Alameda, Napa, San Diego, San Luis Obispo and Santa Barbara counties have moved into the yellow tier as part of California’s last reopening update.
Five more counties — including San Diego — officially moved into California’s least restrictive category this week as part of the final update to the state’s color-coded COVID-19 reopening roadmap.
Although reaching the yellow tier in the state’s blueprint allows businesses and other public spaces to operate more widely than they have in months, the state is gearing up to roll back virtually all coronavirus-related business restrictions next week as part of its long-awaited economic reopening.
Tuesday’s advancements have come late in the pandemic but still indicate progress achieved in California’s battle against the virus.
Los Angeles County Health Officer Dr. Muntu Davis noted Monday that California now had one of the lowest levels of coronavirus transmission in the country.
“This is not an accident,” he said during a briefing. “It is the result of many, many hours invested by countless community leaders in educating people about preventing transmission and working to maximize access to vaccine, as well as the efforts of every single person who continues to make prevention a priority and has gotten the vaccine or shared their vaccination story to help someone else get vaccinated.”
According to the latest state data, Alameda, Napa, San Diego, San Luis Obispo and Santa Barbara counties all have now reached the yellow tier.
“I commend everyone who has worked hard to help us reach this milestone, and I encourage everyone who is eligible to get vaccinated so we can put this pandemic fully in the past,” Dr. Penny Borenstein, San Luis Obispo County’s health officer, said in a statement.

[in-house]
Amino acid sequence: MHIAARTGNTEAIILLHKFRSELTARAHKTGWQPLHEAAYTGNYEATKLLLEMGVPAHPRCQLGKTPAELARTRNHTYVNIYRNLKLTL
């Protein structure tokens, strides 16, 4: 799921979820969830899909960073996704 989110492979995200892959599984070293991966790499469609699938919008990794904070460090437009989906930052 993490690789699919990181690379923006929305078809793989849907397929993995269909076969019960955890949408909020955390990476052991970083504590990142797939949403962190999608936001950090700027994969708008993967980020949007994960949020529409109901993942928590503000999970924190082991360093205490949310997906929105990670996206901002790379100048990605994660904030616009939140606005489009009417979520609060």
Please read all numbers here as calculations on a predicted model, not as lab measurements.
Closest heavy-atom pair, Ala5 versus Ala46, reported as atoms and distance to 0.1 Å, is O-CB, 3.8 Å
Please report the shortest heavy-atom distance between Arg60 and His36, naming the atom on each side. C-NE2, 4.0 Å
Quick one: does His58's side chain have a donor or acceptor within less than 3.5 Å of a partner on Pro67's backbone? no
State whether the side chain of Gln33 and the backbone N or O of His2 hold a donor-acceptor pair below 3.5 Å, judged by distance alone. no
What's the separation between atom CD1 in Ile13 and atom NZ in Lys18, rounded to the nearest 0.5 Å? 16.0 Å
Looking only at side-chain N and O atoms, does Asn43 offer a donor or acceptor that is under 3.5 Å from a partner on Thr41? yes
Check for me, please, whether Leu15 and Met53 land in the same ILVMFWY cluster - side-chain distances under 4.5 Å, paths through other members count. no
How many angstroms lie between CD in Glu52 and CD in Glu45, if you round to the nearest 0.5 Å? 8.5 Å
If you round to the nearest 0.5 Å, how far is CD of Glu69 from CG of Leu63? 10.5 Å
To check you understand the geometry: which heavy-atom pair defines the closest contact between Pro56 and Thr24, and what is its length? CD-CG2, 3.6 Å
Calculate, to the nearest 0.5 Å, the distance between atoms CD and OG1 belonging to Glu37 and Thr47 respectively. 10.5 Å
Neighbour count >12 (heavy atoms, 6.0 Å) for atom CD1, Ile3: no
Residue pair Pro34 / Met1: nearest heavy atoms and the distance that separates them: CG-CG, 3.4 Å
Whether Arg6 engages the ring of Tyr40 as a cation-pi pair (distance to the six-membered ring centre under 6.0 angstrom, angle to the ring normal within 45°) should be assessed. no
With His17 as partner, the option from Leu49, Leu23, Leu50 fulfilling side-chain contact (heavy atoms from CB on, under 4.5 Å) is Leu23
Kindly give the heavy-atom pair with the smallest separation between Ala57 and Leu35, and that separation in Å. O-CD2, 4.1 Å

Additionally, Stanislaus County advanced to the orange tier, the next-least-restrictive rung of California’s reopening ladder.
Once the new tier assignments go into effect Wednesday, more than half of all California residents will live in yellow-tier counties.
“San Diego continues to really perform well as we work our way out of COVID and we return to a very normal way of life — something that, after a very long year, year and a half, I think we should all take a measure of pride in,” county Supervisor Nathan Fletcher said Tuesday.
Under the existing blueprint, counties are sorted into four color-coded tiers based on their rates of new coronavirus cases, adjusted based on the number of tests performed; the rate at which conducted tests come back positive; and a health-equity metric applied to ensure that the positive test rate in poorer communities is not significantly higher than the county’s overall figure.